In some cases, light therapy can be helpful for people with insomnia. If you are working with your primary care doctor or a sleep specialist for insomnia, you can ask if this is an appropriate treatment for you. Light therapy might be indicated if you have tried other forms of treatment or if your doctor thinks your particular insomnia symptoms call for this mode of therapy.
In light therapy, you sit near a special light box for a certain amount of time each day. The light from this box mimics outdoor light (which is important for regulating your body's sleeping and waking cycles). Exposure to this bright light helps to adjust your circadian rhythm — physical, mental and behavioral changes that follow a roughly 24-hour cycle and respond primarily to light and darkness in the environment — and may help certain people sleep earlier at night or sleep later in the morning. Light therapy is designed to use visible light, while filtering out ultraviolet rays.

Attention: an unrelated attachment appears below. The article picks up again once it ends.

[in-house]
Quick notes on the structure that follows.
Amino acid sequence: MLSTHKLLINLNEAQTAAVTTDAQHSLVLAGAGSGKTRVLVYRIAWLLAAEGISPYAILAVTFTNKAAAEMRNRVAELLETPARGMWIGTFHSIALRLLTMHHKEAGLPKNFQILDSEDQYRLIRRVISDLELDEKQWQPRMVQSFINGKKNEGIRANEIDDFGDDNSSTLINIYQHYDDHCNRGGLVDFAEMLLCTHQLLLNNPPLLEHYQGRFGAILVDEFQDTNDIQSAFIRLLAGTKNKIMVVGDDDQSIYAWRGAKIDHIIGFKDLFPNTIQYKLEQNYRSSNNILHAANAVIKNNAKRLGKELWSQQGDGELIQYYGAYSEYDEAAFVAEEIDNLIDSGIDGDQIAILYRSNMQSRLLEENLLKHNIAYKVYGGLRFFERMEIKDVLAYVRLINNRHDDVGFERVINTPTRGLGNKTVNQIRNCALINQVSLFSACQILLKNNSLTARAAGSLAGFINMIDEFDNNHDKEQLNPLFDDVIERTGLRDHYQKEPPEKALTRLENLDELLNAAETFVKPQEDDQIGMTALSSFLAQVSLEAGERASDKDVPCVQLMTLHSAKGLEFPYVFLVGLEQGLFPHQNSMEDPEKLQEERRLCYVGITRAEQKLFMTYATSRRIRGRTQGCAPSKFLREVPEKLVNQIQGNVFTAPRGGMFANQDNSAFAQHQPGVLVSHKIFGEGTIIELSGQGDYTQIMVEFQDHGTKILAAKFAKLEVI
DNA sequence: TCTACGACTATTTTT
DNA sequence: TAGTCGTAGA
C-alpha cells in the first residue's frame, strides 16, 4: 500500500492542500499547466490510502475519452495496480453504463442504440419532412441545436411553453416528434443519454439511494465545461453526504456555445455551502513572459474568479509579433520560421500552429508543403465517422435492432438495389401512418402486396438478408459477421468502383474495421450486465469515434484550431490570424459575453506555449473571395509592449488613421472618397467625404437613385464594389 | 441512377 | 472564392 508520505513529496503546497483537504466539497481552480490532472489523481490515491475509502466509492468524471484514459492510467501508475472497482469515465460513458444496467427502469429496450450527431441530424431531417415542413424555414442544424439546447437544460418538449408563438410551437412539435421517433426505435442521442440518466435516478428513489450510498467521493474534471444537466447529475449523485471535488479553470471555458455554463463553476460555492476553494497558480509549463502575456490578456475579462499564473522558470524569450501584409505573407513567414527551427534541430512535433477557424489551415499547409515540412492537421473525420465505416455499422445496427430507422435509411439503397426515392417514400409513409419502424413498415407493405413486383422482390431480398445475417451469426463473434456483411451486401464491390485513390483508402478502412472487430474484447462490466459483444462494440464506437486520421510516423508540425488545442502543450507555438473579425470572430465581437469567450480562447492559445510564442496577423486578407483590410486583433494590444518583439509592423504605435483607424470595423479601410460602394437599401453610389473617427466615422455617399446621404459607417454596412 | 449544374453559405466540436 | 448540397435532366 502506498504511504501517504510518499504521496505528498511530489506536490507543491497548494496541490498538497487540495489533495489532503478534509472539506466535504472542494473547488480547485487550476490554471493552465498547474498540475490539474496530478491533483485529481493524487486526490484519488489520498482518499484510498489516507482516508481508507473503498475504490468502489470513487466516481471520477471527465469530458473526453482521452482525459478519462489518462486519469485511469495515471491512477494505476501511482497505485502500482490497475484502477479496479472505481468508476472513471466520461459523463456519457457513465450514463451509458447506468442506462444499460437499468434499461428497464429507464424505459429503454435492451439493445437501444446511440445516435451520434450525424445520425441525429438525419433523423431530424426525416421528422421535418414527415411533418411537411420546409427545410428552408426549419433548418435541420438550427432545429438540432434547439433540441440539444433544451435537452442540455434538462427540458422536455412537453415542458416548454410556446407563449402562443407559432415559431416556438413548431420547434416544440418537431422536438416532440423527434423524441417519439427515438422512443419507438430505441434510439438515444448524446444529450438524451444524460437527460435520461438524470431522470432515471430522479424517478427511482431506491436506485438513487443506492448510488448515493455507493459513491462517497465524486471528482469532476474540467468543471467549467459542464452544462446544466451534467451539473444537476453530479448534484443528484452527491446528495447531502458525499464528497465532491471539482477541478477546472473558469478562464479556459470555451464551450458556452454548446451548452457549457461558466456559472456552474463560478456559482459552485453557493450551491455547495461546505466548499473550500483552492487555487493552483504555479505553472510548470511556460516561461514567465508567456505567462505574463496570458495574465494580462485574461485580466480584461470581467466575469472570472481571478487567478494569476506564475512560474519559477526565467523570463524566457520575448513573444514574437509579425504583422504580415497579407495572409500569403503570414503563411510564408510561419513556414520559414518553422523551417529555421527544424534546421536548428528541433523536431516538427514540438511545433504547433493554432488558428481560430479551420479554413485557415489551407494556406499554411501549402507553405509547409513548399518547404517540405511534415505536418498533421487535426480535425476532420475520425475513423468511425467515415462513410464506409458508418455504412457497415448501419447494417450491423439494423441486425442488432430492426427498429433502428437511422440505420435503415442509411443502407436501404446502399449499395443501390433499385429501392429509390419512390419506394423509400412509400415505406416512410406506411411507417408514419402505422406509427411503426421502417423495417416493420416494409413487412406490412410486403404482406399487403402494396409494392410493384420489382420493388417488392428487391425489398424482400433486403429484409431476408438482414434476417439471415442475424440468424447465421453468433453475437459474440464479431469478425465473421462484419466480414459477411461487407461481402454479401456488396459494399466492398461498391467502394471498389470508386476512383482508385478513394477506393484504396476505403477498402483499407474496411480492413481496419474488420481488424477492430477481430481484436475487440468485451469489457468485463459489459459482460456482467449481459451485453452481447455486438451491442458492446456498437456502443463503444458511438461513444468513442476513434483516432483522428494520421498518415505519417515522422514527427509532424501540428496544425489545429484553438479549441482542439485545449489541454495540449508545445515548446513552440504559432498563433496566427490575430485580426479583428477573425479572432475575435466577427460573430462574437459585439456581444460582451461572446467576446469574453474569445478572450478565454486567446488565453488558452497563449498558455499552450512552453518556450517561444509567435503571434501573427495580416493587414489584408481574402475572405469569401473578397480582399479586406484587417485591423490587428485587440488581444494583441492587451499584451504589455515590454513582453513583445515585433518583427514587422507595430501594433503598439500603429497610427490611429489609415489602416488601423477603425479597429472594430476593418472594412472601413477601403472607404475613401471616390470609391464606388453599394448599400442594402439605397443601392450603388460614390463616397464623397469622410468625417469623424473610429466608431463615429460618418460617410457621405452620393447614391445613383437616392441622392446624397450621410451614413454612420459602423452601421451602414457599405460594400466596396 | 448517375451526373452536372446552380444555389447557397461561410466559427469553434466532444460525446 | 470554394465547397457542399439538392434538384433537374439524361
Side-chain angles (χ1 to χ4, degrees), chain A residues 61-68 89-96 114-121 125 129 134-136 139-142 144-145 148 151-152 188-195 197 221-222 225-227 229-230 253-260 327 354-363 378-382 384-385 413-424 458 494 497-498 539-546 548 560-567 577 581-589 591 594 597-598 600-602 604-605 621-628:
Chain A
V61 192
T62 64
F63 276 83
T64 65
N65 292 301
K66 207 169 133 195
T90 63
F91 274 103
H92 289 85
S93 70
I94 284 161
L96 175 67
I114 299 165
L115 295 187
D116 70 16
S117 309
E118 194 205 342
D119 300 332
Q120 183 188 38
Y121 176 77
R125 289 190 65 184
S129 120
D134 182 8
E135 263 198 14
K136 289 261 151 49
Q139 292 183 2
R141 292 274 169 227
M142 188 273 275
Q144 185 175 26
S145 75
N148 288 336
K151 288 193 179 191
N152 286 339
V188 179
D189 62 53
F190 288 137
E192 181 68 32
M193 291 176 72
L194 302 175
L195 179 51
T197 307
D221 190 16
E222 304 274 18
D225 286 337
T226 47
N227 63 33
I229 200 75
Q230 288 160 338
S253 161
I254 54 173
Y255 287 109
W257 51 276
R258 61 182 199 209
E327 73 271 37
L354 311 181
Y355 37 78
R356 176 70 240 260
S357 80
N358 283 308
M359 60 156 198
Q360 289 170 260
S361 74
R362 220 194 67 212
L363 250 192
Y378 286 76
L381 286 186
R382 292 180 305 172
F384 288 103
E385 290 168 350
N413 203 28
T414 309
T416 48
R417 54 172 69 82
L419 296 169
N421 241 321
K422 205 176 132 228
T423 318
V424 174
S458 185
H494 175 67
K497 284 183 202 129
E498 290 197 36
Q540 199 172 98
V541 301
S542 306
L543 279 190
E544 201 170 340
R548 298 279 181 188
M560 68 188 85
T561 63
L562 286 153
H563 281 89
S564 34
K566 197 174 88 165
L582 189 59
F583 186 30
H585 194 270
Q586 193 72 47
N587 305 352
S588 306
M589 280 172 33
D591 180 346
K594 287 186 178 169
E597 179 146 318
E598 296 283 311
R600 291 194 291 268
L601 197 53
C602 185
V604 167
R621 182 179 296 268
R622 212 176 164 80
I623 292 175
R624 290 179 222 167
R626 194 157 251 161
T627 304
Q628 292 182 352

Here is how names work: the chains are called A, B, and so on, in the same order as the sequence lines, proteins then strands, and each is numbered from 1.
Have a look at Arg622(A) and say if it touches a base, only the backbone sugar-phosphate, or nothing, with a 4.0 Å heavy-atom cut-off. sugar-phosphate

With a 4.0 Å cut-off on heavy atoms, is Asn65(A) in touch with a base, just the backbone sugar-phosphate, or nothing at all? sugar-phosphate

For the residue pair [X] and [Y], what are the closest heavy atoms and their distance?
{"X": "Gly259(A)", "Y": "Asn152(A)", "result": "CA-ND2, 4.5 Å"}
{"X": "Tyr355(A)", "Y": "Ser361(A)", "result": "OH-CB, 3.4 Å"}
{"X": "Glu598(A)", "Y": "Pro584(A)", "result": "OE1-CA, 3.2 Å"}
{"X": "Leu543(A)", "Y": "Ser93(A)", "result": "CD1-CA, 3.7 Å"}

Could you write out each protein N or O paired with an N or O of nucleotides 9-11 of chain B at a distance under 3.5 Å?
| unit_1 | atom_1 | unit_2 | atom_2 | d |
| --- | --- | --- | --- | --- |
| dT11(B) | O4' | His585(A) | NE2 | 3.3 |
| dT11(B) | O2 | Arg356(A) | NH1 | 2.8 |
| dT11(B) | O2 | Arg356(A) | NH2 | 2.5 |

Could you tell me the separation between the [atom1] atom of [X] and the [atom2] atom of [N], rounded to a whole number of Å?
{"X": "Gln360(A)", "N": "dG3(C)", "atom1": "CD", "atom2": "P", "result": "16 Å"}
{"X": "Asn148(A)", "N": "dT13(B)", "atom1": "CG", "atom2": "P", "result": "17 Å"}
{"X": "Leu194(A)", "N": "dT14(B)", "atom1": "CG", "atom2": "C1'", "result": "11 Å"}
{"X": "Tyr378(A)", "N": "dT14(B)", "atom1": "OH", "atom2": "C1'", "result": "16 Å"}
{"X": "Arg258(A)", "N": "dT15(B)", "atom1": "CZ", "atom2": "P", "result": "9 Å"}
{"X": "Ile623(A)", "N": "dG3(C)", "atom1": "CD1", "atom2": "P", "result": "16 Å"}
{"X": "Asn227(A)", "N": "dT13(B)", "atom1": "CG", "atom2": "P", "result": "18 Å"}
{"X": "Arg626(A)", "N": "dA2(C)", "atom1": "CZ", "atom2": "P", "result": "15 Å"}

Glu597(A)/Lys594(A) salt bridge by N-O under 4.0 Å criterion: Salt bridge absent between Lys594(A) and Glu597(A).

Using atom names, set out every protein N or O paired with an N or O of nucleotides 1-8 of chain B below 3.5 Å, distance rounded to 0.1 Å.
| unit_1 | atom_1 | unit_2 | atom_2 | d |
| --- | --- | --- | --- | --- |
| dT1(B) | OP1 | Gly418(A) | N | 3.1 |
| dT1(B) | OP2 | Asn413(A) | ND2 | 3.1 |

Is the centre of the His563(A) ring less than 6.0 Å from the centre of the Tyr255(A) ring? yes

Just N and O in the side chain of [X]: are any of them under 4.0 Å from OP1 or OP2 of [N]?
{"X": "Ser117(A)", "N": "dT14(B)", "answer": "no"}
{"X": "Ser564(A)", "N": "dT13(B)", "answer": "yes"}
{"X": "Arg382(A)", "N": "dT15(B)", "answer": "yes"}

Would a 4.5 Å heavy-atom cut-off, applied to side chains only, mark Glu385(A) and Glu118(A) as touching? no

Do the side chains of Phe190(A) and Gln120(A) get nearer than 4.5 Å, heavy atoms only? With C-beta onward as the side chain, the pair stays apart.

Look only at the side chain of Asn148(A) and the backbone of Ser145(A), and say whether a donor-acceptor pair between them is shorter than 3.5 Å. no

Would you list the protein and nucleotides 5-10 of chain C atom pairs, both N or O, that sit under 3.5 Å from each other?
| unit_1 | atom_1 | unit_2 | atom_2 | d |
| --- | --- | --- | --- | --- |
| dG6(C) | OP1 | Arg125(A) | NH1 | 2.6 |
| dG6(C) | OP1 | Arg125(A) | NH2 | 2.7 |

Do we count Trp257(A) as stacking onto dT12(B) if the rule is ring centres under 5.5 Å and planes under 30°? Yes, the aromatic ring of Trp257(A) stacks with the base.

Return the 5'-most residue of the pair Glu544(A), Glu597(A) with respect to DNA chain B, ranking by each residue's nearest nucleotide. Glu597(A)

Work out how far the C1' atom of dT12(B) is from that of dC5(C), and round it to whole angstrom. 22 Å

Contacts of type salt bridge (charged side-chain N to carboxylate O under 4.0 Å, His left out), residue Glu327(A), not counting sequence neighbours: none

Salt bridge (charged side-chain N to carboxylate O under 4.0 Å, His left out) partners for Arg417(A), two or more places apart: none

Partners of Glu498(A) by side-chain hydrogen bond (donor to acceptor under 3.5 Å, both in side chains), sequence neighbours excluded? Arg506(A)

The most effective light therapy is consistent and properly timed—that usually means integrating light therapy sessions into your daily life. You can read, use a computer, write, talk, or do other activities while sitting in front of your light box.
Light therapy boxes are available in stores and online, and in some cases they are covered by insurance. It's best to use light therapy under the supervision of a doctor (especially if you have an eye disorder), therapist, or sleep specialist to help you choose the best kind, the right intensity, and to decide on a treatment plan. There is some research showing light therapy is effective for certain types of insomnia. However, some patients report problems, which can include eye irritation and dryness, headache, nausea, and dryness of skin.